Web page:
My new friend, Tom, is from a town I had never heard of in the panhandle, Hemingford. I had a great time chatting with him, even discussing some topics other than football. It was nice to have him add a “Go Huskers” tattoo on Annie’s epidermis.
We parted ways, but that was not the end of it. A few days later, I found an envelope tucked into my tank bag:
What moved me most about this gift was not just the amount. Given the variety of bills, it appears that he gave every last dollar in his wallet. He was only thinking about the gift, not about what he might need the money for later. I hope this sort of attitude is one that I can learn and adopt myself. Wow.
Next up was the Old Trails Museum. It is on the same block as The Corner and is completely free. After free parking, free speech and free beer; free museums are probably my fourth favorite free thing.
Two ladies, Ann-Mary and Margie welcomed me warmly. They seemed interested to hear about my journey and were so helpful in answering any questions that I had.
Ann-Mary (left) is the Director of the Old Trails Museum. She wrote the book, literally and figuratively, on Winslow’s history. She’s also done a great job of making historical information available through the museums website (LINK HERE). I’ve referenced this many times during the composition of this post and lots of the stories I’ve shared were from things I learned here. I am so glad I stopped.
But Ann-Mary was not quite finished helping me out. I think she saw that I was really interested in the things that make Winslow unique. Though it was a hot day, she took me to a Snowdrift.
This building on Route 66 was a department store during Winslow’s heyday. Like many of the other buildings here, it was eventually abandoned and fell into disrepair. Though it has kept the name from the shortening advertisement on its exterior, the interior has been completely reborn.
Snowdrift Art Space is now a gallery, theater, studio and home residence of Ann-Mary and her husband, Dan. Dan is one of the “brave souls” I referenced earlier that came to Winslow to help renovate the La Posada Hotel. He is a sculptor and the whole building is filled with his work.
Many of the items he uses are things that were being discarded, from the hotel or other places around town. They even rescued some seats to make their own theater.
Dan took me downstairs to where he does his work. It was a pleasure to hear about his artistic process. He’s a real mixture of creativity and ingenuity.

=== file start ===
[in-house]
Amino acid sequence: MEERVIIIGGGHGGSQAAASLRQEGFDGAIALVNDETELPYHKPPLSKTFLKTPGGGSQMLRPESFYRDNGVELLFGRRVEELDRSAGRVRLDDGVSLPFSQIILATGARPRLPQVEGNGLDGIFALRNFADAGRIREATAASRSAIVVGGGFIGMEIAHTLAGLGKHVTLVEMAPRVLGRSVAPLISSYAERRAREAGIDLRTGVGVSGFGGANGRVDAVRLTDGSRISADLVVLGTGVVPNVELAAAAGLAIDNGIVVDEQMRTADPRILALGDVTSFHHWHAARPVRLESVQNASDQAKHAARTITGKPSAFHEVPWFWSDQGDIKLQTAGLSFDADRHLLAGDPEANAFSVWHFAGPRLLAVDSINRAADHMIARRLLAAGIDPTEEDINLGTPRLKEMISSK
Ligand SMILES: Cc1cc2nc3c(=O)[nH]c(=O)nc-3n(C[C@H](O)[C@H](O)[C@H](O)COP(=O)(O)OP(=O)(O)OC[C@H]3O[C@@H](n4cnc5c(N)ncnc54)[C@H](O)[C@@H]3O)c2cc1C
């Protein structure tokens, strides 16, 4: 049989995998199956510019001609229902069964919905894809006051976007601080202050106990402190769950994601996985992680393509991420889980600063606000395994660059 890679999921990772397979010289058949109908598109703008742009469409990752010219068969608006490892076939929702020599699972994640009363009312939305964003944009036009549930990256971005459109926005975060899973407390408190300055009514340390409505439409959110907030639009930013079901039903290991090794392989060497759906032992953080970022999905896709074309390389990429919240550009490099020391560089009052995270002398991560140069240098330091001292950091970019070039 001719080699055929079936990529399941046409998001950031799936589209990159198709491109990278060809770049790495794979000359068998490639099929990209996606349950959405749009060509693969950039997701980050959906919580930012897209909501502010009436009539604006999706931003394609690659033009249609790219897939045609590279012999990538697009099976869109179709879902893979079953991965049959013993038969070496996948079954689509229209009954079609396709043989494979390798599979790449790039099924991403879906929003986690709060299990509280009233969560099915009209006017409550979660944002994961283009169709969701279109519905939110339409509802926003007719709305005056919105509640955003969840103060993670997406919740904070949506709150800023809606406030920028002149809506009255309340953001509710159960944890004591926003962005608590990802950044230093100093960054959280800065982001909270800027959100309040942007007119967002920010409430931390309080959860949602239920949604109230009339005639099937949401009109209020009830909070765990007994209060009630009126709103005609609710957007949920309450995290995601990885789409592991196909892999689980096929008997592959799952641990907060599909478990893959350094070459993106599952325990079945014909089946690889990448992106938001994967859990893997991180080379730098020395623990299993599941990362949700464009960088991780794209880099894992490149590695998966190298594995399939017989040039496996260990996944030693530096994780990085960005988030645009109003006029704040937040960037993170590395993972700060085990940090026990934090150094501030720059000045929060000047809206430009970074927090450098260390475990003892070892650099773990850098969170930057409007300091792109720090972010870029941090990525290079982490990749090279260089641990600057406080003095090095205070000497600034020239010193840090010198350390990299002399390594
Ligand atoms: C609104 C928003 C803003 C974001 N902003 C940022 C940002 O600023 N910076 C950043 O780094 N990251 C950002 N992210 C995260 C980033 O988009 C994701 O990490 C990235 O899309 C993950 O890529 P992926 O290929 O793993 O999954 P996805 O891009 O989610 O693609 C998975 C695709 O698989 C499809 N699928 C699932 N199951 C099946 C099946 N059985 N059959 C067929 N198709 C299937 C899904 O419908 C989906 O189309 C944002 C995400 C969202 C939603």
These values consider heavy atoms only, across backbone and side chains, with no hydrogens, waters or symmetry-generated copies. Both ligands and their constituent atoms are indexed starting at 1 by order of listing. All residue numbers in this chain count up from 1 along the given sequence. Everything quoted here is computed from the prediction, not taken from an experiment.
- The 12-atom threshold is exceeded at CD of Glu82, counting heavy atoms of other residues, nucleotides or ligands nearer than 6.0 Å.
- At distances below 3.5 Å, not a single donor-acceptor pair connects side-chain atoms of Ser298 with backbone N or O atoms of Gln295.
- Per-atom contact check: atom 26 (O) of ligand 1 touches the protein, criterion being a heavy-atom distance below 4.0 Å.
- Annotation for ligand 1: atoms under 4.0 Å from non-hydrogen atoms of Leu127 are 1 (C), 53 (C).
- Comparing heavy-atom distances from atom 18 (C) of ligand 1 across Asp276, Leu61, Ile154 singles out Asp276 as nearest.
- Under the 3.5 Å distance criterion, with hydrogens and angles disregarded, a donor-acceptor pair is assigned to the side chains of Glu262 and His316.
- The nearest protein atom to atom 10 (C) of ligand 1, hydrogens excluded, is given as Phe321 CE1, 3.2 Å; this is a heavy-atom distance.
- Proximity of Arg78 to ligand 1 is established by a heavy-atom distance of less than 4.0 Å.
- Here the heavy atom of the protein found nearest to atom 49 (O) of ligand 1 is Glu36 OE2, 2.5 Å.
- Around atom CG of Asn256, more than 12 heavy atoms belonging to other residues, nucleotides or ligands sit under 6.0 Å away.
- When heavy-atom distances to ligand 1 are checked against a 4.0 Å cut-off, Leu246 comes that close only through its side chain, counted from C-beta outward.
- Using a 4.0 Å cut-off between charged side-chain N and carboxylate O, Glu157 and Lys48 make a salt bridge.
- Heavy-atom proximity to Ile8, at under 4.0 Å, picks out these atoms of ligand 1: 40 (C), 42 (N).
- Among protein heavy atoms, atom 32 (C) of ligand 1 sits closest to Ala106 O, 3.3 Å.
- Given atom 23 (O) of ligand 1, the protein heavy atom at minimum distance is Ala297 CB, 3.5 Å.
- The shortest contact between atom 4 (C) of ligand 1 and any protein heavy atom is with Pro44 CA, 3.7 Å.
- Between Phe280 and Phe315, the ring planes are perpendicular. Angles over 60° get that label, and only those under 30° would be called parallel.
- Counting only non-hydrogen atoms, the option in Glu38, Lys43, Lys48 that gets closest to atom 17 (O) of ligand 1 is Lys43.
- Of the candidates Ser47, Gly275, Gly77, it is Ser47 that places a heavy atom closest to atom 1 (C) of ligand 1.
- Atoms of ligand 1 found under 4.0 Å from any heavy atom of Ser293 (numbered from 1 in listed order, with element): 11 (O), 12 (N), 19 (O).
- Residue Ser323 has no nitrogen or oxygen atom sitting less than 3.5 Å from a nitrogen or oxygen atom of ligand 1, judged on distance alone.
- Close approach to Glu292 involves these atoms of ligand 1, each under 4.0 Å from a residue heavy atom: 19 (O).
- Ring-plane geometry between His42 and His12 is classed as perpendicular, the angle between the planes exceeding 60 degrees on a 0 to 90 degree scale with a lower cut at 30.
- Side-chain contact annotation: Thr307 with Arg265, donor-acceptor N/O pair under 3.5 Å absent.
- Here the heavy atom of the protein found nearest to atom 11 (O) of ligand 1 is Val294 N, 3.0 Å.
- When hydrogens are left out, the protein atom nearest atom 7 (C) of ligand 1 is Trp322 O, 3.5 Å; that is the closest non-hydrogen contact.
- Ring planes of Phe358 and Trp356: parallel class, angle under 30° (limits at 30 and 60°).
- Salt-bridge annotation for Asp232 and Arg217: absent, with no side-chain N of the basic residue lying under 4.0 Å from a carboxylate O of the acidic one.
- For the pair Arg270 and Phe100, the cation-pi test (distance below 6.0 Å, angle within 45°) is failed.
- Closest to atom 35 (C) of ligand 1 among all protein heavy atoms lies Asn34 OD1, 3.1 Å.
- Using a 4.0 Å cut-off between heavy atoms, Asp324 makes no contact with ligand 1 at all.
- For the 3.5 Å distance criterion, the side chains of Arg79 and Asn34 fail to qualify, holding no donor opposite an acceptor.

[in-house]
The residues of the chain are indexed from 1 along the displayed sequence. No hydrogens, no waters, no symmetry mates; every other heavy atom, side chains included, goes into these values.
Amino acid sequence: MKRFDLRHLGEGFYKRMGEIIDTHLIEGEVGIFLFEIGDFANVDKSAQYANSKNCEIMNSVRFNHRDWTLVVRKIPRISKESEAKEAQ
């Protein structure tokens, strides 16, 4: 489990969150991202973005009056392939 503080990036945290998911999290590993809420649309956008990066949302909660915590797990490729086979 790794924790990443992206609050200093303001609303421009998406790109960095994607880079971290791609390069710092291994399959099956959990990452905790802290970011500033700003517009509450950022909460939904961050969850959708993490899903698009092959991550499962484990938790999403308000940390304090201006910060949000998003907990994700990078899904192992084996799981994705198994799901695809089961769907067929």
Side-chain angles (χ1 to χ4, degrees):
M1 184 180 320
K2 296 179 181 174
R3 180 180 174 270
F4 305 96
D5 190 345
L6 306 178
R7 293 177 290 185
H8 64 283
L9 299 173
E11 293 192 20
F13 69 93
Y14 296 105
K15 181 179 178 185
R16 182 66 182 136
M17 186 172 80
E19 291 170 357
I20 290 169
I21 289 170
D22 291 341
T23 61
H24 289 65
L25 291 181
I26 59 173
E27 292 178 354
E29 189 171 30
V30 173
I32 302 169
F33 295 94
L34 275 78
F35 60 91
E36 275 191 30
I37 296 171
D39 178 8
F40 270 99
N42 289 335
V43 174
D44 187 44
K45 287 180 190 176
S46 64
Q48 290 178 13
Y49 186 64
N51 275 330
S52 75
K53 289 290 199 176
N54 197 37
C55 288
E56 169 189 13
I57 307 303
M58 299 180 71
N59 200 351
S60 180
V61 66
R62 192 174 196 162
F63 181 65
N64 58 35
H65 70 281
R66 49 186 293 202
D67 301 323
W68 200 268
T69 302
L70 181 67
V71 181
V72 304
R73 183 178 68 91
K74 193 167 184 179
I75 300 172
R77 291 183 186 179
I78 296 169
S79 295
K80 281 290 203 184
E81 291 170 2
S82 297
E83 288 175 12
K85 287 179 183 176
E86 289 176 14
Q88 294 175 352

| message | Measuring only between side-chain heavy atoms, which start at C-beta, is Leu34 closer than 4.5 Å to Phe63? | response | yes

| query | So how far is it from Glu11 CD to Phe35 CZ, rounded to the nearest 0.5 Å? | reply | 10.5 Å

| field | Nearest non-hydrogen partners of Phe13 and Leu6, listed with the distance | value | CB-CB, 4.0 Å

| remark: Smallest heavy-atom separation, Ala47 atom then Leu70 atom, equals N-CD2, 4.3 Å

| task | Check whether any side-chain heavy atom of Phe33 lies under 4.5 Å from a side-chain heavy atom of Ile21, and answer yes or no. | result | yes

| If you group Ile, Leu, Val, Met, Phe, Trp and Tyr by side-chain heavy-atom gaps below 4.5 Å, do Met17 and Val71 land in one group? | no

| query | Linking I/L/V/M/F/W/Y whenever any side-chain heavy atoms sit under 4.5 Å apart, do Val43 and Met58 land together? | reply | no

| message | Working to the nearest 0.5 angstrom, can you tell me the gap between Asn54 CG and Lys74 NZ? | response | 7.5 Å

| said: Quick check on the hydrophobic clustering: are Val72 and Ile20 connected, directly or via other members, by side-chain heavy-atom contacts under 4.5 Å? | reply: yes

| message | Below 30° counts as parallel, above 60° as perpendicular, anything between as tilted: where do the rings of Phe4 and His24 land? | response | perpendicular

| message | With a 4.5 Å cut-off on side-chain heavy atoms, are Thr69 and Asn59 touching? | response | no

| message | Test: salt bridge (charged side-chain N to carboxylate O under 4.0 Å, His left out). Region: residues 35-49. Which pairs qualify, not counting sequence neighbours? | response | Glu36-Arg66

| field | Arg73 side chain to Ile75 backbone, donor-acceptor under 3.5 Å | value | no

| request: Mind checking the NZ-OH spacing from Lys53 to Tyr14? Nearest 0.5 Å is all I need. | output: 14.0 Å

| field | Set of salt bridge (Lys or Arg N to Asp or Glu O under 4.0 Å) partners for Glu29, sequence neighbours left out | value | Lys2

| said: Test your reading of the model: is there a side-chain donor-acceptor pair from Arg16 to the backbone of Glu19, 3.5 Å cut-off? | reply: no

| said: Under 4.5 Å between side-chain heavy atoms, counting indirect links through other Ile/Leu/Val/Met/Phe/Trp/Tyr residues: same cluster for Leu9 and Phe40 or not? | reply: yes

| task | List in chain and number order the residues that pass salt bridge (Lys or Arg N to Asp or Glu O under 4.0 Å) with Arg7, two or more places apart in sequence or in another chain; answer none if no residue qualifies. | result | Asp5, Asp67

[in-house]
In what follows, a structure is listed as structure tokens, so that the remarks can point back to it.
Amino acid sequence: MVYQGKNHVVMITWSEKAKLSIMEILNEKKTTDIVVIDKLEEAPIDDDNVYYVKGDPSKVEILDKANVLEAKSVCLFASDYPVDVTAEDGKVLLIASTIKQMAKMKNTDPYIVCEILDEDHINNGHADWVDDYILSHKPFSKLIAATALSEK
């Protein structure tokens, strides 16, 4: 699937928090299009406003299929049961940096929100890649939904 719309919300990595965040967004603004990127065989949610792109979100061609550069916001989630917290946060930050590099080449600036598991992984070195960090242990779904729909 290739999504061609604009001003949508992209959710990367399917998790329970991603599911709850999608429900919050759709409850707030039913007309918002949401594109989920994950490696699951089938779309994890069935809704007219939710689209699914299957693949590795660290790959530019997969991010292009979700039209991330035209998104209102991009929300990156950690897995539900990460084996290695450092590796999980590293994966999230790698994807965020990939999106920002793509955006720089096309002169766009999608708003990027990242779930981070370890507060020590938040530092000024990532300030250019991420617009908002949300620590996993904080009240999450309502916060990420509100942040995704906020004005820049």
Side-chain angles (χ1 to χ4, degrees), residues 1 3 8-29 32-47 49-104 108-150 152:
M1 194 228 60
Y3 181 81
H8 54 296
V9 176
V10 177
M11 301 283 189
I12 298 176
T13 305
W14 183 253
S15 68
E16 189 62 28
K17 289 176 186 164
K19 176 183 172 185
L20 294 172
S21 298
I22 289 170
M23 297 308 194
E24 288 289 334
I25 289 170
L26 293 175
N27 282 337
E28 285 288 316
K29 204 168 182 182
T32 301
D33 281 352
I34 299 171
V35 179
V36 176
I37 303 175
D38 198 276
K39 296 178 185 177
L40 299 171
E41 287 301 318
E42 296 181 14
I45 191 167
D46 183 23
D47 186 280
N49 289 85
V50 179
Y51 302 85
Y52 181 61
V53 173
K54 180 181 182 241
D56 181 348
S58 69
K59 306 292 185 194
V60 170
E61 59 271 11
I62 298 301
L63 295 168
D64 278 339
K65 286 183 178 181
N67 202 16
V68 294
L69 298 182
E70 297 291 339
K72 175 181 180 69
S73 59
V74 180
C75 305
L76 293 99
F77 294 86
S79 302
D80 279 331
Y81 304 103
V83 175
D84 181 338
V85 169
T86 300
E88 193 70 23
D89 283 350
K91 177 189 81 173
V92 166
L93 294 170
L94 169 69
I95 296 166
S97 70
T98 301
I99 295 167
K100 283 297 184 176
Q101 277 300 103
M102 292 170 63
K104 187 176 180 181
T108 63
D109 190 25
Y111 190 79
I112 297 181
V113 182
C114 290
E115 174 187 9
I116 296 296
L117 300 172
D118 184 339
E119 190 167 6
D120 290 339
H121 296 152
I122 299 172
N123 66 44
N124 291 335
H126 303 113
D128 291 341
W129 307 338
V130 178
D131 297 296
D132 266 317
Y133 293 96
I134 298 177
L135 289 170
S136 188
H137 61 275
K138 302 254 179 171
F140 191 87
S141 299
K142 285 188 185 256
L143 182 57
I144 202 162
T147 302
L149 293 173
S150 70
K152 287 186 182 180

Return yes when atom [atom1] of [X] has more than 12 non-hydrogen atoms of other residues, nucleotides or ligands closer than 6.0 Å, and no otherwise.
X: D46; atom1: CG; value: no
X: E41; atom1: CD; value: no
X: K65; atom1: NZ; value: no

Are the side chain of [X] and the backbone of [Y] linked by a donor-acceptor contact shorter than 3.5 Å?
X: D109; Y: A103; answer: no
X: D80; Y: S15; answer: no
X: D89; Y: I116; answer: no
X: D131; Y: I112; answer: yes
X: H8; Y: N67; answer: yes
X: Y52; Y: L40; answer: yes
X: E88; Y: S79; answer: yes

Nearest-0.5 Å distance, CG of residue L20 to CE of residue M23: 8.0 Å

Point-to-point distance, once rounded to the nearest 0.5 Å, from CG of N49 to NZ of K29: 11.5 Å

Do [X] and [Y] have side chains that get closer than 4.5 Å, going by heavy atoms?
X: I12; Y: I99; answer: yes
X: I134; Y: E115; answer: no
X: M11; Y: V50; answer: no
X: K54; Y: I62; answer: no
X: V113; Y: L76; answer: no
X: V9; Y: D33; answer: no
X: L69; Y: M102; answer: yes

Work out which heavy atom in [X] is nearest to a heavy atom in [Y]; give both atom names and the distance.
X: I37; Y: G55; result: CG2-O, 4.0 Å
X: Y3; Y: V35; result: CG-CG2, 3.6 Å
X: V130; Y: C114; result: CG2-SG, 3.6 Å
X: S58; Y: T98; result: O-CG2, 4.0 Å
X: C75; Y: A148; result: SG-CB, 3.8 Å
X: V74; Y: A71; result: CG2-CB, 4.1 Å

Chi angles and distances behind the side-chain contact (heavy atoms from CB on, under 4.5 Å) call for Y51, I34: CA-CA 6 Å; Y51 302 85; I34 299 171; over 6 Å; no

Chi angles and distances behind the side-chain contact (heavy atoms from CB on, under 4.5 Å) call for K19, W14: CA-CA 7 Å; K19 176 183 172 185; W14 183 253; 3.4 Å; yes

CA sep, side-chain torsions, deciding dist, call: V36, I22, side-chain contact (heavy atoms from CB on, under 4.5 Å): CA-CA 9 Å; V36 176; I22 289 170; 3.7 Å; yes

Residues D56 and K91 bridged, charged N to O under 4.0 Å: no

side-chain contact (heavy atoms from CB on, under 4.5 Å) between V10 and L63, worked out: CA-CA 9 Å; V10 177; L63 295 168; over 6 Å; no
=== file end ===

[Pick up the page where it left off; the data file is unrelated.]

He took so much time out of his day to show me around. By this point, however, I was beginning to expect such treatment from the residents of Winslow. 🙂
Snowdrift is usually just open to the public for special events, but they may do tours at other times. HERE IS THE LINK to their facebook page. Thank you so much, Dan and Ann-Mary!
I still needed one more ‘X’ on my sign, so I rode back to the visitor’s center where this wonderful whirlwind began. I wanted Bob to punctuate my time there. Like so many other places, the personal connections I made here will be the things I value the most.
All told, I was only in Winslow for about 26 hours. During this time, I feel like I had a month’s worth of experiences. There’s still so much about Winslow that I did not get to tell: The Native American influence, the twin towers memorial, the La Posada galleries, the Harvey girls, the “Everywhere” postcard sign…the list goes on and on.
Despite just being here for a short time, I developed a deep love for this place. It is at a unique point in its history, where it has definitely bounced back but still has untapped potential. Route 66 travelers become more numerous every year and Winslow is doing an outstanding job inviting them in.
So many residents have used their unique gifts to add to Winslow’s culture and help it progress. In the face of adversity, Winslow still stands strong. I believe it’s best days are ahead.
Thank you, Winslow.
7 to go!
Keep standin’, everybody
Realtime update: Yowza. That’s a long one. I just spent eight days writing about three days. Does that mean I will be caught up soon? Both Cedar City and Winslow were such wonderful experiences that I wanted to give them their due. Unfortunately, it’s caused me to get way behind.
I’m currently in Sacramento, California. Catalina, Pasadena and Bakersfield have all been completed. Reno is up next, but I’d like to be closer to caught up before heading that way.
Great things keep happening to me, but I’m feeling pretty worn down and I’m not the only one. Annie has had her first real “breakdown” of the trip. Her rear shock gave out in the Big Sur area. The spring still works, so I’m bouncing around until I get the replacement which shipped to Vancouver. Even Sonic is currently sitting legless. He threw his left leg off on a freeway in the central valley…but that’s another story.
We may be limping, but the finish line is in sight.